Dairy farmers in California’s Central Valley are at the forefront of a movement bringing conservation tillage to the region.
Michael Crowell of Turlock is one of the pioneers.
“Today, I basically harvest my winter forage and then go right in and direct seed into the stubble with my corn planter,” he says. “I have eliminated all of the seedbed preparation.”
He harvested corn silage in mid- to late August last year – about two weeks later than normal. This past fall he ran a scraper across those fields to reduce the weeds, then spread dry manure and no-till-drilled a grain mix that included winter wheat, oats and rye.
Since going no-till, the producer has dramatically reduced the number of passes across his fields, resulting in significant savings in fuel, labor and equipment costs.
One of the most important benefits is improved soil health. Leaving plant roots largely undisturbed helps build carbon in the soil, says Crowell, who holds the 2011 Conservation Tillage Farmer Innovator Award from California’s Conservation Tillage and Cropping Systems Workgroup.
Under no-till, his corn silage yields have reached about 30 tons per acre – comparable to what he was getting under conventional tillage. His No. 1 rule for successful no-till farming is simple: “Stay off your ground when it’s wet.”
While conservation tillage is a well-established practice in other parts of the country, it’s relatively new to California.
A 2006 survey of the nine-county Central Valley region found that conservation tillage was used on just 3% of the acreage for selected crops, including corn silage and winter cereals grown for forage. Two years later, it had jumped to about 10%.
Jeff Mitchell has worked with several growers in the San Joaquin Valley to evaluate strip-till and no-till in dairy forage production. A crop specialist at the University of California, Davis, he’s seen good results with both methods.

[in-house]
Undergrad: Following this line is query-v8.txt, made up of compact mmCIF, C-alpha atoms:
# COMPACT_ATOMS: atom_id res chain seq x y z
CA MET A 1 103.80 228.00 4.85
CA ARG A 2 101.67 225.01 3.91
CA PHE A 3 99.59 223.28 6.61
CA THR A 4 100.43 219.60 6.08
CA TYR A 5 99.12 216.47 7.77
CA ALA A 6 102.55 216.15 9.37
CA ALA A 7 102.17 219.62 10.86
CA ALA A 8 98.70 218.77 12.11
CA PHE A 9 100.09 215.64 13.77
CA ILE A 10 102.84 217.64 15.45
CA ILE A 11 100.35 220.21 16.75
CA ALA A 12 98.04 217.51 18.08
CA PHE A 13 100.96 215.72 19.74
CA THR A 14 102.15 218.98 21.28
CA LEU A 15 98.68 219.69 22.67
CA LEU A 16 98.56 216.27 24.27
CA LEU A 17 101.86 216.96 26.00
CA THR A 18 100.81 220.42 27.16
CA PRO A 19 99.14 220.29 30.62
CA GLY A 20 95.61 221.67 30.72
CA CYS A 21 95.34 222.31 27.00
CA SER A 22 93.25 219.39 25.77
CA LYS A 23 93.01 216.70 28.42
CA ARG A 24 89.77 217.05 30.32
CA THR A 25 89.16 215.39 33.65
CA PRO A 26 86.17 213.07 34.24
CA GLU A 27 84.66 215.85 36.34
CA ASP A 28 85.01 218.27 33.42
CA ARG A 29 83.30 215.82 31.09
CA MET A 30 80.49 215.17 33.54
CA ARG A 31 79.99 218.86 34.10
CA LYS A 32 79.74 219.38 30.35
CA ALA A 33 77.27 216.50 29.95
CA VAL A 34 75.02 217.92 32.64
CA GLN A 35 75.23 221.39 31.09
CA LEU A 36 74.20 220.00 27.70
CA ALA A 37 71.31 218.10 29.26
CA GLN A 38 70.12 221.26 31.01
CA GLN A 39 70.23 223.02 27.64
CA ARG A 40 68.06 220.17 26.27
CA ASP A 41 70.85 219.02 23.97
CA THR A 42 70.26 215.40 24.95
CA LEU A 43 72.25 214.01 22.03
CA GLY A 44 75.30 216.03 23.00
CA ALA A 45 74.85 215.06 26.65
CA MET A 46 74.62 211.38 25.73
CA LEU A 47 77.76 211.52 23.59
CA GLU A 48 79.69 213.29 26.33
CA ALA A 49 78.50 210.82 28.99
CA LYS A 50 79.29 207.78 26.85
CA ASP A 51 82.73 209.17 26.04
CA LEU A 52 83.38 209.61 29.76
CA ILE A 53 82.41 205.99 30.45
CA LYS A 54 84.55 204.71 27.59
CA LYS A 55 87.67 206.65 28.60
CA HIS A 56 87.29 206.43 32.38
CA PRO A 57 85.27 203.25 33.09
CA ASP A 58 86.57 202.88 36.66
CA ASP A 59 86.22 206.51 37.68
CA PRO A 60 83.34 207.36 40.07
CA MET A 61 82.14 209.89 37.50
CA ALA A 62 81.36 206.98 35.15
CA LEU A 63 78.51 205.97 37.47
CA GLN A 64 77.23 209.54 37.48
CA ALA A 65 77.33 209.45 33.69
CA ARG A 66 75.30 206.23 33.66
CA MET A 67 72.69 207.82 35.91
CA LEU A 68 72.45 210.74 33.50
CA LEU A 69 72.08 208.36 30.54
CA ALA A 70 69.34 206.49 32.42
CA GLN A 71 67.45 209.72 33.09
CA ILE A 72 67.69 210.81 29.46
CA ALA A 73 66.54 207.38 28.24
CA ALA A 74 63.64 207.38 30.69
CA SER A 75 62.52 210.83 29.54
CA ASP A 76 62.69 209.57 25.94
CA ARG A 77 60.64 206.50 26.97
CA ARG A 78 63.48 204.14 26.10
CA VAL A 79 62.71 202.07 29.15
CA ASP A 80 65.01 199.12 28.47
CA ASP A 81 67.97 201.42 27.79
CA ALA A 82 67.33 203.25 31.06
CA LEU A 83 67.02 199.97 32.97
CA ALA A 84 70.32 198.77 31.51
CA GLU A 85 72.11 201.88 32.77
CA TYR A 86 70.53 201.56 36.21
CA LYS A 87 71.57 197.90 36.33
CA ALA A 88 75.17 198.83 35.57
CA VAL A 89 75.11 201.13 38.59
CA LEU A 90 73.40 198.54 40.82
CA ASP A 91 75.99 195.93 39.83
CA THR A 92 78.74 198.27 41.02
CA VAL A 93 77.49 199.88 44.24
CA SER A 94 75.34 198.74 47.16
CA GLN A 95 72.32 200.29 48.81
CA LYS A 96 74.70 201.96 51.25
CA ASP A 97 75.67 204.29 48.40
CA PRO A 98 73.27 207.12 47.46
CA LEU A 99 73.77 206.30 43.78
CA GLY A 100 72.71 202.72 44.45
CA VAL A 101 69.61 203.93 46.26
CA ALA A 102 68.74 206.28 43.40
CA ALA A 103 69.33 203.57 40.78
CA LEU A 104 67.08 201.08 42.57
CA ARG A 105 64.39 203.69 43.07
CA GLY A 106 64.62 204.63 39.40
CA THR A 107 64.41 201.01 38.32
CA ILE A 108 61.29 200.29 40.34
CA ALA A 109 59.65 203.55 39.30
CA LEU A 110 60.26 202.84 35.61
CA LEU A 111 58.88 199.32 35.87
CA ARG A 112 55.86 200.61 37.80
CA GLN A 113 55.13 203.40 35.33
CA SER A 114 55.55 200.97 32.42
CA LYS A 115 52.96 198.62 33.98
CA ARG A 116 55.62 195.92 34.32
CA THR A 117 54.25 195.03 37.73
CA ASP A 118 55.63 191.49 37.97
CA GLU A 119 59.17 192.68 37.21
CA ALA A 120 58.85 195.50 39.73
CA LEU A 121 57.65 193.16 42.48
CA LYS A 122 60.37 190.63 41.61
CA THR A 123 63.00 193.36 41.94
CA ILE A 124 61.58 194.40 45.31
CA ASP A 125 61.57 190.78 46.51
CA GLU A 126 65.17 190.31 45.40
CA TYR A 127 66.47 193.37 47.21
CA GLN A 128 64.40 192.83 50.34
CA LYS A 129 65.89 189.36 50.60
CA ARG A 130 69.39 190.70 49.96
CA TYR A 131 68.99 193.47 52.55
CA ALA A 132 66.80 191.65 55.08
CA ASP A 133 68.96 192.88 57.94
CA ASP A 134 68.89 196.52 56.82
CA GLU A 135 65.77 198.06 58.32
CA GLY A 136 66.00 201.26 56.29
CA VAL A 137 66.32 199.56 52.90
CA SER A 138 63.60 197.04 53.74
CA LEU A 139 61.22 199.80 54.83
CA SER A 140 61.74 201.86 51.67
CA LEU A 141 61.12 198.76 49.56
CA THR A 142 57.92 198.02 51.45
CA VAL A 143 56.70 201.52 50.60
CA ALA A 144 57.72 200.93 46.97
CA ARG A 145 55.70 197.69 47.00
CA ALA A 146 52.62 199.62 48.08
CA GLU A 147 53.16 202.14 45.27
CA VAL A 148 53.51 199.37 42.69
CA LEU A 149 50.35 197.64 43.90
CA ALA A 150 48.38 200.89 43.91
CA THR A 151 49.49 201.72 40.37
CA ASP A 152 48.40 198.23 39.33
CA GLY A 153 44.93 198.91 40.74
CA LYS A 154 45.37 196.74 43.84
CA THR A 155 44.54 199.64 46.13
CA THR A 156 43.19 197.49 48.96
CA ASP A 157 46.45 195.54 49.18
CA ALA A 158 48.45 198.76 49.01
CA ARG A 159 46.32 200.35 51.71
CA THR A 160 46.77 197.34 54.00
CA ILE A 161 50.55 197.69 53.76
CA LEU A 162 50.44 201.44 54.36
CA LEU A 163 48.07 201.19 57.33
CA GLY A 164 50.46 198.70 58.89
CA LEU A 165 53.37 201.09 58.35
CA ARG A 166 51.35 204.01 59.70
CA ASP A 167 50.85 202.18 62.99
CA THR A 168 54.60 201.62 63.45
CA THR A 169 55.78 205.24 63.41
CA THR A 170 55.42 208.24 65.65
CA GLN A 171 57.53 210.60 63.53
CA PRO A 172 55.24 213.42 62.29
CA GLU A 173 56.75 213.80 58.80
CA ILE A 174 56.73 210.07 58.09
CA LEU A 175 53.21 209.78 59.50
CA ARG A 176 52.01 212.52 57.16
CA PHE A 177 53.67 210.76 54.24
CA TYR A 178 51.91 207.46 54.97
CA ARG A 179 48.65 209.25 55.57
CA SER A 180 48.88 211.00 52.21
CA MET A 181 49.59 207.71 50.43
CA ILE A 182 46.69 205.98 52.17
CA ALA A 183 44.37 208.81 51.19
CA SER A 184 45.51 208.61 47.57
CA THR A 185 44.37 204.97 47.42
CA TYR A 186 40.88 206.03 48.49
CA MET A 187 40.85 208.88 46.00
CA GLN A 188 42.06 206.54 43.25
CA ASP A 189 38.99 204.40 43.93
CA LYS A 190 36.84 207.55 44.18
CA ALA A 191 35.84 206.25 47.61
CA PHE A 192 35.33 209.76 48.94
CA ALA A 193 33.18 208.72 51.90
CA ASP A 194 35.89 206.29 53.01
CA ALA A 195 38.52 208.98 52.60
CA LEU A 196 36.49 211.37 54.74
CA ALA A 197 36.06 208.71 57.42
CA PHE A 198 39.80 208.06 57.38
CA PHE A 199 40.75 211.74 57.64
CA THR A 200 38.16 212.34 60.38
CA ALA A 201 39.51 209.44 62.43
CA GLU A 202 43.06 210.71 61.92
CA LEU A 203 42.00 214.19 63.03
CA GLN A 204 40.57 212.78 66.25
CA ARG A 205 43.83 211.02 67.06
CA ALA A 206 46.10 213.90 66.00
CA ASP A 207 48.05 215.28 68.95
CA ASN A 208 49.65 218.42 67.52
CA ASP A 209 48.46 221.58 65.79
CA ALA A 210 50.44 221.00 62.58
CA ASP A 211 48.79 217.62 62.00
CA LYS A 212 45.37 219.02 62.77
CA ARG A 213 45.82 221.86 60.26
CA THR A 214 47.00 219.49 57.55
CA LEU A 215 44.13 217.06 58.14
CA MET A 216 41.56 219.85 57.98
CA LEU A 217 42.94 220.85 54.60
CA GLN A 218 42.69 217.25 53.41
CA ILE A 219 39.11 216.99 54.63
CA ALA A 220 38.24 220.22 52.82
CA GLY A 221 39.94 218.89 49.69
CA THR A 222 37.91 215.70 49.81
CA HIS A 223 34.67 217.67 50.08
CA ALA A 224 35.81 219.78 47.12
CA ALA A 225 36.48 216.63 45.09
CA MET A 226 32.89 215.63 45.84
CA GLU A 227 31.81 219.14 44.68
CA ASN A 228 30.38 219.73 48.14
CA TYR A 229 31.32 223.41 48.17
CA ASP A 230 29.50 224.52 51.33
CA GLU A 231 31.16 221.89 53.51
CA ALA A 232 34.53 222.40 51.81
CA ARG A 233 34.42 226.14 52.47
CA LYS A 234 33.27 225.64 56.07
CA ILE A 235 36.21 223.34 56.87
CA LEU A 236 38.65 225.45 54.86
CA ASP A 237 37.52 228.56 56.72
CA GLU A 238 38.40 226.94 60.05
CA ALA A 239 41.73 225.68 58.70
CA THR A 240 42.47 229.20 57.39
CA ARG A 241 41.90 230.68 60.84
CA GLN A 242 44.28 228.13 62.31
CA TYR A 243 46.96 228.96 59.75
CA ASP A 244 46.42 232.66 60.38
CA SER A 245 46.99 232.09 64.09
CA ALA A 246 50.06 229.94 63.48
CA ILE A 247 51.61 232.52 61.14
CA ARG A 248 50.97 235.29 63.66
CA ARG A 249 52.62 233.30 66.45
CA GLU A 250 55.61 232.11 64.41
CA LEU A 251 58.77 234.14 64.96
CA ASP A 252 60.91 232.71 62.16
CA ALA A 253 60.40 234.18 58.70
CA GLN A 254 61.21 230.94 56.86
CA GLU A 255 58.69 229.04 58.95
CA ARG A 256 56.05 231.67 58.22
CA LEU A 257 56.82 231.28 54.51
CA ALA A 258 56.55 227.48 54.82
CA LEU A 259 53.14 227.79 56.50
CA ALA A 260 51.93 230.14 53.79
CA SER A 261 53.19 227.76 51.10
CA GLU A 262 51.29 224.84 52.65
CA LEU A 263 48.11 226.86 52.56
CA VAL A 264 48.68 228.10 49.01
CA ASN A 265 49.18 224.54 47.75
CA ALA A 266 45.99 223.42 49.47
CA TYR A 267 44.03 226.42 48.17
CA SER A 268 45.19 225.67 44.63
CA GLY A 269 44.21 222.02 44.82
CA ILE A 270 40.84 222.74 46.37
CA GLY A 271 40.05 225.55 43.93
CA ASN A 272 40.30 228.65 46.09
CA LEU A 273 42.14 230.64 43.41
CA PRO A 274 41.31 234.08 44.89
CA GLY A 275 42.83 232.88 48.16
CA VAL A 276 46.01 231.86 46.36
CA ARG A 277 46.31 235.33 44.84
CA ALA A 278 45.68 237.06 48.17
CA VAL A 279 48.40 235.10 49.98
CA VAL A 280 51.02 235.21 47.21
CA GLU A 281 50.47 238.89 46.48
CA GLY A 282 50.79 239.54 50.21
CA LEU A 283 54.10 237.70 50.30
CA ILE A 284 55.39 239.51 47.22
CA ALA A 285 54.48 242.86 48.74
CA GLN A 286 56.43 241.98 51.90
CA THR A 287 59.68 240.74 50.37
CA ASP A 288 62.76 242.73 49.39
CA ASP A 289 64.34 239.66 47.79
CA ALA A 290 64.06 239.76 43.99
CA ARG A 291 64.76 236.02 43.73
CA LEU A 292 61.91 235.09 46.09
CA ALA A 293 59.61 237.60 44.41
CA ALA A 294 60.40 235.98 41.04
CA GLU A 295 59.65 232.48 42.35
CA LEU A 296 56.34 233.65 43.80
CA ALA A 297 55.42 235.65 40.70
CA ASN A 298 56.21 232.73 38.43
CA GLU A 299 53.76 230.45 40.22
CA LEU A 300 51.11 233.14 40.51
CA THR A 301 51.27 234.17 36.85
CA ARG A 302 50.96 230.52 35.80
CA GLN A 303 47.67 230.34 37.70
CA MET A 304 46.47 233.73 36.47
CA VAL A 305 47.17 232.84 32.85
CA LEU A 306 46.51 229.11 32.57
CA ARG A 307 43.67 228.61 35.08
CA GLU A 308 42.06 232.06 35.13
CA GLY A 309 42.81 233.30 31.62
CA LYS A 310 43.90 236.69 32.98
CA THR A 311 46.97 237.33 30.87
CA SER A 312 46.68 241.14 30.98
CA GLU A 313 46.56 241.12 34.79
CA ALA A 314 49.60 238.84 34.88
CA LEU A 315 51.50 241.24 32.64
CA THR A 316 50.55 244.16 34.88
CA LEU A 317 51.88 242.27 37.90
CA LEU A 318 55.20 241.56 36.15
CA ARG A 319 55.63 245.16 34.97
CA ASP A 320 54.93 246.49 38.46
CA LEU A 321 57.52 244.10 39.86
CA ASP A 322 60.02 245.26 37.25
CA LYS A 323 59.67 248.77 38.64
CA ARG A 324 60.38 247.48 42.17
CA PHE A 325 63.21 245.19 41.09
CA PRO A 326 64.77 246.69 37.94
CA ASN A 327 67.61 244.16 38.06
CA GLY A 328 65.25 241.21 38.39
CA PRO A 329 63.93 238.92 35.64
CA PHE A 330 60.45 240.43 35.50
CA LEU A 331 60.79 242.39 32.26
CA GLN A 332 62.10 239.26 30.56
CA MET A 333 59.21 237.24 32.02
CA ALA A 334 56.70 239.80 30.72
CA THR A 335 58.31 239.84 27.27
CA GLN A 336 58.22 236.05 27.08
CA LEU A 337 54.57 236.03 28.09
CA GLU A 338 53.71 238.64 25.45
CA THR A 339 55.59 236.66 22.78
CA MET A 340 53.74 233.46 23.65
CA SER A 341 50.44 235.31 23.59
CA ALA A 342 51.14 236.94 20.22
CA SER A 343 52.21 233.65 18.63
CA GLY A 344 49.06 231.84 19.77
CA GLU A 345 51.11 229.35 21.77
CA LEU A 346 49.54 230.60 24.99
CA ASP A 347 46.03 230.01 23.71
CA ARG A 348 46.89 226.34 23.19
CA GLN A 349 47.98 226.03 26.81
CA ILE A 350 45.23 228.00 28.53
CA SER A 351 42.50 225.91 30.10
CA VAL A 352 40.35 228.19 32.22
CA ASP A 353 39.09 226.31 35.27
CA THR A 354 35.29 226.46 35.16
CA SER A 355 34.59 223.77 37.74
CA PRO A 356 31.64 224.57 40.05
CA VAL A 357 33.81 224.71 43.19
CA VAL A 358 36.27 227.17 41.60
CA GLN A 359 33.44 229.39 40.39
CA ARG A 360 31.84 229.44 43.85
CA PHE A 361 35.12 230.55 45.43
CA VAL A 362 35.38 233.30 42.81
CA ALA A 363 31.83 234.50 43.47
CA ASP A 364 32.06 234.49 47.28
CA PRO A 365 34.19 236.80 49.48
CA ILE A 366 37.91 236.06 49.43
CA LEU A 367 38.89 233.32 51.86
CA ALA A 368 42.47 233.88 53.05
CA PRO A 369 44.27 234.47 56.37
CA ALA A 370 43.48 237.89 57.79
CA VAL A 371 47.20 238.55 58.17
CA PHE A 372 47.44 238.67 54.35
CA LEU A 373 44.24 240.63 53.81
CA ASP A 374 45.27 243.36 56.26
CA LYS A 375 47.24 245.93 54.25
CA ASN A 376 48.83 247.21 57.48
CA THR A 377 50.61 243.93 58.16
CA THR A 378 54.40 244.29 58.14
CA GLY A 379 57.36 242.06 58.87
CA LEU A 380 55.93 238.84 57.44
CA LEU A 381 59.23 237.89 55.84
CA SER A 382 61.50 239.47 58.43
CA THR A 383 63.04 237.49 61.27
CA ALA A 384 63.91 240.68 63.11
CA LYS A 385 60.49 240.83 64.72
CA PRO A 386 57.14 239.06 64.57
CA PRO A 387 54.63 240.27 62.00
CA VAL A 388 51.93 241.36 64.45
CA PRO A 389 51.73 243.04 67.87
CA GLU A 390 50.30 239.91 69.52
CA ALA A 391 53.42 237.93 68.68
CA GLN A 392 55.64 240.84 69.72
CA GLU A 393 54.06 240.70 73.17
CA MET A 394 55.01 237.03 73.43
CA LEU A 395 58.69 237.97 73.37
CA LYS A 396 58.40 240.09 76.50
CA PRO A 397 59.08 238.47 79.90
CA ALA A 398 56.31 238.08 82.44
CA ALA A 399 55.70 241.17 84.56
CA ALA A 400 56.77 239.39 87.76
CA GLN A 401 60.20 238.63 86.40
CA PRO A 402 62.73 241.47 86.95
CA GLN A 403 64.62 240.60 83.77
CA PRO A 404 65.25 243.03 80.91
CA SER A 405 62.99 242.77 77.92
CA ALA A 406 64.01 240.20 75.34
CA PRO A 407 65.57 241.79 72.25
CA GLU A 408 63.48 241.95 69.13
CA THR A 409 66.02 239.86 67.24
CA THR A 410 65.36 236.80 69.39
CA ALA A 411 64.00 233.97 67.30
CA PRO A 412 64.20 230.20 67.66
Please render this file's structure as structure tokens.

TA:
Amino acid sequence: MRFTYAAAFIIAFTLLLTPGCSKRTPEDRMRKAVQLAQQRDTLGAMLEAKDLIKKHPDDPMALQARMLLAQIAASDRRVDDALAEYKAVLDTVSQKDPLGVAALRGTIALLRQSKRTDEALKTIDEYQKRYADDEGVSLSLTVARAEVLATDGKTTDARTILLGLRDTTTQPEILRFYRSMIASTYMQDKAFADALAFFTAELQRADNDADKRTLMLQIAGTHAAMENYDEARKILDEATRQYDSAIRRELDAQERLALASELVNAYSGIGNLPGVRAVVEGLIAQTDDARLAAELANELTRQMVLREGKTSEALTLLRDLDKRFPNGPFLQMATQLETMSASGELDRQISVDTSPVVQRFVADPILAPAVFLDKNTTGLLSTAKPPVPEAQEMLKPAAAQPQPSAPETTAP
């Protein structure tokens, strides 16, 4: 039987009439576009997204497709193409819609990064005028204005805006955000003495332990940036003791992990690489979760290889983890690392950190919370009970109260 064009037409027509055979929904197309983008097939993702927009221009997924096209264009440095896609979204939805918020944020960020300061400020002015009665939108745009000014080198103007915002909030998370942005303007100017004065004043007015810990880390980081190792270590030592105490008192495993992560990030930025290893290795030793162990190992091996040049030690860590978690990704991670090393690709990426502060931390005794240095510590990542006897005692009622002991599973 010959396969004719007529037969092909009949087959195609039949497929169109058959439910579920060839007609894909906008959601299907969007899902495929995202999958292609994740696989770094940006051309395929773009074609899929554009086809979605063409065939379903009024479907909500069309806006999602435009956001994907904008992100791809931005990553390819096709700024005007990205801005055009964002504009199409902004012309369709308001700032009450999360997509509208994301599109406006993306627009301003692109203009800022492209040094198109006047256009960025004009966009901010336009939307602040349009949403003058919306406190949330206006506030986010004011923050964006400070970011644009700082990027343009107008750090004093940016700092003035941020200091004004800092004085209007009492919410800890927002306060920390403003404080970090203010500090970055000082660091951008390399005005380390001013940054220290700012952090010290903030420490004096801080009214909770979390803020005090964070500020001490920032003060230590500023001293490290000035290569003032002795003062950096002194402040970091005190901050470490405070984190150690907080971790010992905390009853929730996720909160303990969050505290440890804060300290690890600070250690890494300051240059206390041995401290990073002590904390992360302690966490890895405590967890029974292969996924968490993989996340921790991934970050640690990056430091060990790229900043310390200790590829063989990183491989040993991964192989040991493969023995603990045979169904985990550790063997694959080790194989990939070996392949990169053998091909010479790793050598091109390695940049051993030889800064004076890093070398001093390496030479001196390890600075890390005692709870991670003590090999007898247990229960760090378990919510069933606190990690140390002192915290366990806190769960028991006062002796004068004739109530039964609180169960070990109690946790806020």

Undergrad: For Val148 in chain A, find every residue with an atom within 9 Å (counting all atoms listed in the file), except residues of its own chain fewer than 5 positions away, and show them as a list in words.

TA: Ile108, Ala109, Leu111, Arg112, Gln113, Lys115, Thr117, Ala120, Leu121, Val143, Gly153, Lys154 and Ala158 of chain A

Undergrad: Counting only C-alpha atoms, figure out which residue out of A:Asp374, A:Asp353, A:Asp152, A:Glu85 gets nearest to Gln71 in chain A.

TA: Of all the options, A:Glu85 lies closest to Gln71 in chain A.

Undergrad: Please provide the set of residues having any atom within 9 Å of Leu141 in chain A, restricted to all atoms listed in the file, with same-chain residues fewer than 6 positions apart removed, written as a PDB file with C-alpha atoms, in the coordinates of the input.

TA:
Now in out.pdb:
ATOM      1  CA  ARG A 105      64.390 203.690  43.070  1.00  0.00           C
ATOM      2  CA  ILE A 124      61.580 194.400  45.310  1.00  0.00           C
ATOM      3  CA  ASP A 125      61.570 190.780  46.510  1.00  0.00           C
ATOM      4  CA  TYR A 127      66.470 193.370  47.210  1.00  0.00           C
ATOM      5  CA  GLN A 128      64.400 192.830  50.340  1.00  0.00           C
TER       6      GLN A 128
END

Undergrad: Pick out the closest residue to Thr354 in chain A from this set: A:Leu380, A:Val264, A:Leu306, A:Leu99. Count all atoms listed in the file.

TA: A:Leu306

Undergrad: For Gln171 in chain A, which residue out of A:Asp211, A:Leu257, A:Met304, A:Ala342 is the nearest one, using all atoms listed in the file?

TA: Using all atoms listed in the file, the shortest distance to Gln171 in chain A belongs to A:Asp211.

“In the dairy corn sector, there’s probably more strip-till going on,” he says. “It’s an easier, more readily adaptable practice than going out and doing no-till. The bottom line is that we’ve seen success stories using both strip-till and no-till for corn silage and winter forage.”
Fields are strip-tilled in early spring just after the winter forage crop is chopped.
The idea is to loosen the soil when it’s still fairly dry, says Mitchell. Growers then pre-irrigate fields and plant silage corn. Borrowing a practice from the Midwest, California strip-till farmers have started to plant and fertilize in the same pass.
The average dairy producer can eliminate four to five tractor tillage passes by converting from conventional tillage to strip-till. That can cut costs by more than $50/acre, he says. Strip tillage may not work well in heavy soils, however.
Conservation tillage requires that growers, “recognize that they have to be really timely with respect to weed management and irrigation,” he says.
Of two Sustainable Agriculture Research and Education Program grants that helped fund Mitchell’s forage studies, the second looked at conservation tillage as a tool to enable year-round triple-cropping.
Triple-cropping has the potential to increase the total amount of annual plant nutrient uptake, allowing dairies to move more manure from corrals to fields. It’s an important consideration given California’s strict regulations on groundwater pollutants, including nitrates.
But triple-cropping will not fit every situation, Mitchell cautions.
Crowell tried it for three consecutive years, but plans to abandon the practice. Trying to sandwich a sorghum-sudan crop between corn silage harvest and winter forage planting was tricky in his northern San Joaquin Valley location.
“I’m not keen on triple-cropping right now,” he says. “The farther south you go, the better chance you have.”
Still, Crowell is a firm believer in no-till. To skeptics he says: “If you don’t think it’s going to work, it most likely won’t.”